Fox News host Greg Gutfeld has made a name for himself by spinning conservative talking points into an entertaining routine, often one characterized by a mixture of nihilism and ribaldry.
The 58-year-old’s knack for cramming political satire and reckless buffoonery into 11 PM time slots has resulted in one of the network’s most-watched hours in cable news, often leaving his non-guild peers like Stephen Colbert and Jimmy Fallon in the dust. Gutfeld’s provocative pitch has been met with criticism from analysts and others on both sides of the aisle, including Amy Schumer, who recalled her guest spots on his previous show, "Red Eye," fondly.
"Seriously, I need to sit down," she said when told of Gutfeld’s late-night ratings. That certainly wasn’t the case earlier this May, when Gutfeld made an on-air pitch absolving a 38-year-old teacher who was accused of having sex with a 16-year-old student. "Can we live in the real world?" asked the Gutfeld, drawing upon the Van Halen song, “Hot for Teacher.”
The co-hosts of the show expressed mixed reactions to Gutfeld’s suggestion to absolve the teacher, while the online reaction was swift, with many outlets slamming Gutfeld for his take. However, this is just indicative of the provocateurish nature of the show, which Gutfeld has characterized as “recreational beliefs,” defined as things that don’t hurt anyone and “spark a conversation.” Gutfeld’s “Gutfeld!” has consistently outrated Stephen Colbert’s “The Tonight Show” in the coveted 25-54 demographic, delivering a victory for the right in the cultural dominance of politically liberal late-night talk shows.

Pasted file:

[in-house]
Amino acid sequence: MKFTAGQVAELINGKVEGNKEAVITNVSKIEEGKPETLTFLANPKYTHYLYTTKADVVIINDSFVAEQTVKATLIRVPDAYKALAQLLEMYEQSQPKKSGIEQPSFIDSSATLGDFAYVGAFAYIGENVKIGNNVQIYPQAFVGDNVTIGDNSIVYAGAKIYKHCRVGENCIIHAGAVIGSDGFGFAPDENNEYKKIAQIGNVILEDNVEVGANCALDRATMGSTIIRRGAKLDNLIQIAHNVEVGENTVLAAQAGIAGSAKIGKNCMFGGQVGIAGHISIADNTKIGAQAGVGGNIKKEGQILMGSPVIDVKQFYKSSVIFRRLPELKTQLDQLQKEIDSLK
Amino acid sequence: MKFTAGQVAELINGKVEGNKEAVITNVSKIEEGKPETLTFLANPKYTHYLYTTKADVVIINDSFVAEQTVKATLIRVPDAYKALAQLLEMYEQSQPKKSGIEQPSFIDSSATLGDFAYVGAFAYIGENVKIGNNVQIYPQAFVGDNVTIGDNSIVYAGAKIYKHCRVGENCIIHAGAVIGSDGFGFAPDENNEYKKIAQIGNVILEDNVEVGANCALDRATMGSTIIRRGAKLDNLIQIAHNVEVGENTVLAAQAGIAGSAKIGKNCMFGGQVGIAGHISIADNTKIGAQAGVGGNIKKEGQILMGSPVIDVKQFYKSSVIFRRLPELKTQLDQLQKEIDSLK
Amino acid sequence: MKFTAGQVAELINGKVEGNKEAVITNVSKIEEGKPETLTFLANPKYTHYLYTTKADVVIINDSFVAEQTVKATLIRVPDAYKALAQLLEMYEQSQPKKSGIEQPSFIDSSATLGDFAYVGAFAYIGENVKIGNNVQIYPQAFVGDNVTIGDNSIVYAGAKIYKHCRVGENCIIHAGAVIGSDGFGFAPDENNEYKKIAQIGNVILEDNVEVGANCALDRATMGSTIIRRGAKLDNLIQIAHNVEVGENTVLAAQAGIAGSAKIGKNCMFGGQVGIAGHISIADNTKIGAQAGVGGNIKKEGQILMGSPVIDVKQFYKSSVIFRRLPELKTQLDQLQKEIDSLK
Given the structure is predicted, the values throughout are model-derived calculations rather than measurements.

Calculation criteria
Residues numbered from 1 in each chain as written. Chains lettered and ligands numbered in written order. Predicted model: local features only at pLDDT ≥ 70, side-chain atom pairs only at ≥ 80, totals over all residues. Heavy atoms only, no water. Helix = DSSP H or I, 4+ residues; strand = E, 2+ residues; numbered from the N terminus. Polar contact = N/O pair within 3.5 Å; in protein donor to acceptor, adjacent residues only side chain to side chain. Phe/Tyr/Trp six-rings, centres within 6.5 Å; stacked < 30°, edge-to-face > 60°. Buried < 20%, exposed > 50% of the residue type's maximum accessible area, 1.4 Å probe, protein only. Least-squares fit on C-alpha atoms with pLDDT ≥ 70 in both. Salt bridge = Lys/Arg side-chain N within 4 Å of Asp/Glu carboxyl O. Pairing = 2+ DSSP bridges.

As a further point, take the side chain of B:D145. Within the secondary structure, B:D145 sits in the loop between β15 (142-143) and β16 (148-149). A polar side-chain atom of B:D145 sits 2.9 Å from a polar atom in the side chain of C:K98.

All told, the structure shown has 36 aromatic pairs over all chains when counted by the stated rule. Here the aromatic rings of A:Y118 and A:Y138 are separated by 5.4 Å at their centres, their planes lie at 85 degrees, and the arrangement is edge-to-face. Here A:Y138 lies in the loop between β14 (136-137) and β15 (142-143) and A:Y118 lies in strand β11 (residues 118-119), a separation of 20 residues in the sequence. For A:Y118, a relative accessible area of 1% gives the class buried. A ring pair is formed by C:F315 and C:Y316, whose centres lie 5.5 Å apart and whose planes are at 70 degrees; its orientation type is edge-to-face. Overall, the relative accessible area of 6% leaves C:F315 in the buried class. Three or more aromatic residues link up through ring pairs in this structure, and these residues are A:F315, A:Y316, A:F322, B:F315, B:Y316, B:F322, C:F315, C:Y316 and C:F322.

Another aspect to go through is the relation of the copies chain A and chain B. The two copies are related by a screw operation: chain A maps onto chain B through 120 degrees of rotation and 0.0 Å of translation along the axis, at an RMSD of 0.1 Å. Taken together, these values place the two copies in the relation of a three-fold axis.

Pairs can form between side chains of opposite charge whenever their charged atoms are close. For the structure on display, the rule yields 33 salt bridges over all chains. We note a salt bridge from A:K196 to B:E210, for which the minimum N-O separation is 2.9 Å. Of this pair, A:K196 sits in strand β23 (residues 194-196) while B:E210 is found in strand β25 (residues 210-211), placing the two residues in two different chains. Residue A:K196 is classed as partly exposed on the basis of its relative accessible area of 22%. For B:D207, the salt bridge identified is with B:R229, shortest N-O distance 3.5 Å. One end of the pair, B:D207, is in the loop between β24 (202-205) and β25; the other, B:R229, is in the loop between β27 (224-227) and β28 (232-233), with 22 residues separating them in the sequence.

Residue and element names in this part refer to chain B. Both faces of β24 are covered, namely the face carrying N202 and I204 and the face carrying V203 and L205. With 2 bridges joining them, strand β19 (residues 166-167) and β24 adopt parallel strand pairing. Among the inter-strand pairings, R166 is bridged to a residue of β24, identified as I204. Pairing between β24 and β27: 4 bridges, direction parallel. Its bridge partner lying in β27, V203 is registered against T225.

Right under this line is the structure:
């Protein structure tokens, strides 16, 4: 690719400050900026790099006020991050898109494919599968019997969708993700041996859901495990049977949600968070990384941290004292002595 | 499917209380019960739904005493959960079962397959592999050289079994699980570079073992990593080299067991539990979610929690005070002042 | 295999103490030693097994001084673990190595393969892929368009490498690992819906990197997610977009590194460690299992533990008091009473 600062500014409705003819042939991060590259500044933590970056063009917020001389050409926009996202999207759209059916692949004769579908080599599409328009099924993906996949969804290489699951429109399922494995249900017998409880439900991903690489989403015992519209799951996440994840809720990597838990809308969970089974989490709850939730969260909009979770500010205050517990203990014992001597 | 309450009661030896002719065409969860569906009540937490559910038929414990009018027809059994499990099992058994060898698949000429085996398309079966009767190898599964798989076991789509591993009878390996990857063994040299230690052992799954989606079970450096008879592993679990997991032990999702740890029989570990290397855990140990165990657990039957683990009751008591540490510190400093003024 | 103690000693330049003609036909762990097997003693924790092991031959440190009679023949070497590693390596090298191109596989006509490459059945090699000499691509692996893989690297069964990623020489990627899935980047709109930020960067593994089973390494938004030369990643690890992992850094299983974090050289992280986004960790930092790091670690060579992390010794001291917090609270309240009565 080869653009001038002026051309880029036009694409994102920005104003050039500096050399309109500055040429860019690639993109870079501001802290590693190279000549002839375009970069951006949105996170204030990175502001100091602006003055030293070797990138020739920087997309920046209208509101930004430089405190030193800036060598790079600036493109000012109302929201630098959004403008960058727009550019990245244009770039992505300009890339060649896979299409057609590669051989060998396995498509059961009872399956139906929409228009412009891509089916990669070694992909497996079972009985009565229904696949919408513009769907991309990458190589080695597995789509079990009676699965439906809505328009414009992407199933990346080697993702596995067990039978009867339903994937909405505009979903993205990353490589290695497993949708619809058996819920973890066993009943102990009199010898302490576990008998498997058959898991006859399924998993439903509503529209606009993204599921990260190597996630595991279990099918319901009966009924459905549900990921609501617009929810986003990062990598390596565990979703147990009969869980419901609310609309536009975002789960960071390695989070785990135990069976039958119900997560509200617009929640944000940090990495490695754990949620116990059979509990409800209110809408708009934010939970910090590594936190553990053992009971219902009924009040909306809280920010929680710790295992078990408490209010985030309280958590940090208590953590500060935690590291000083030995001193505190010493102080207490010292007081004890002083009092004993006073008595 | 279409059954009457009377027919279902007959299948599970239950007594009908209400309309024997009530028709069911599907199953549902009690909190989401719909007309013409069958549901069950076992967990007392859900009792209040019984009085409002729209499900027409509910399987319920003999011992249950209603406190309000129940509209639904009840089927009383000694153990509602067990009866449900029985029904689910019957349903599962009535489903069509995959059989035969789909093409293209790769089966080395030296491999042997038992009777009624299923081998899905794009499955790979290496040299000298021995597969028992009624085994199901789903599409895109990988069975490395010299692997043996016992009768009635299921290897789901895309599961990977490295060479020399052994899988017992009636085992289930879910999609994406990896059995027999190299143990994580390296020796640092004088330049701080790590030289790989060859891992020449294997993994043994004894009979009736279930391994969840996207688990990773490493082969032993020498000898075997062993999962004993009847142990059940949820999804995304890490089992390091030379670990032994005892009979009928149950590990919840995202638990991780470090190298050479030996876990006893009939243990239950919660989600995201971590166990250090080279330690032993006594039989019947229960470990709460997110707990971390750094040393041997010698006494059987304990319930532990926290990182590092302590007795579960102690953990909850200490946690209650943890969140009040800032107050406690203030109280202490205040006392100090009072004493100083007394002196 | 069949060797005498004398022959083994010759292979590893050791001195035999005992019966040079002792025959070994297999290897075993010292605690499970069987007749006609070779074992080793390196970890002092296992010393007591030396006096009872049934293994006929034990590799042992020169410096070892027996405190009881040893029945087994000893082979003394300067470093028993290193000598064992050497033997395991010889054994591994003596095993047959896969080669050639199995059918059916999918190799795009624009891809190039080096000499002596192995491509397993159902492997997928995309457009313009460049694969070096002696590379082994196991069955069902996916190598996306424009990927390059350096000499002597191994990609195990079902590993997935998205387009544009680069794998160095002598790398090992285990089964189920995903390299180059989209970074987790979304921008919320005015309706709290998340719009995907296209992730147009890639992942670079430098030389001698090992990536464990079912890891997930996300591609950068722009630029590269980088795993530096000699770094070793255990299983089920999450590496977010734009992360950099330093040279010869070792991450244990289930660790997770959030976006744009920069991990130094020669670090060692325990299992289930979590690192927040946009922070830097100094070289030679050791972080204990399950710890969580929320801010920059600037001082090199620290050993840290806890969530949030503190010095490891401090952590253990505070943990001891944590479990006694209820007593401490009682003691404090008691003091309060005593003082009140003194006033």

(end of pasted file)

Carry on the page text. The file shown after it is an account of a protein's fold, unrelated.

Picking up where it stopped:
Fewer and fewer of these shows are also producing episodes due to the Hollywood writers’ strike, resulting in Gutfeld solidifying his place as the only game in town, and helping Fox inch towards appealing to a younger crop of viewers. In addition, Gutfeld’s success has been tied to his ability to validate his viewers’ perspectives on the issues that matter most. This has included his allegiance to former president Donald Trump, which was initially critical of the president before a “well-timed recalibration.”
Fox News executives are banking on Gutfeld’s roguishness and instincts to increasingly provide the network’s institutional voice for the next generation, culminating in a promotion from his current 11 pm slot to 10 pm later this year.
Gutfeld’s stoking of recreational beliefs is certainly one example in a long list of Fox News’ intertwining of news and entertainment, and ultimately something that Nick Marx, a Colorado State University professor and co-author of “That’s Not Funny,” a book about right-leaning comedy, has called the “troubling culmination” of “right-wing comedy.”
What this means for Fox News’ future remains to be seen, but as Gutfeld insists, at least viewers don’t have to worry about “turmoil” at the network— for now.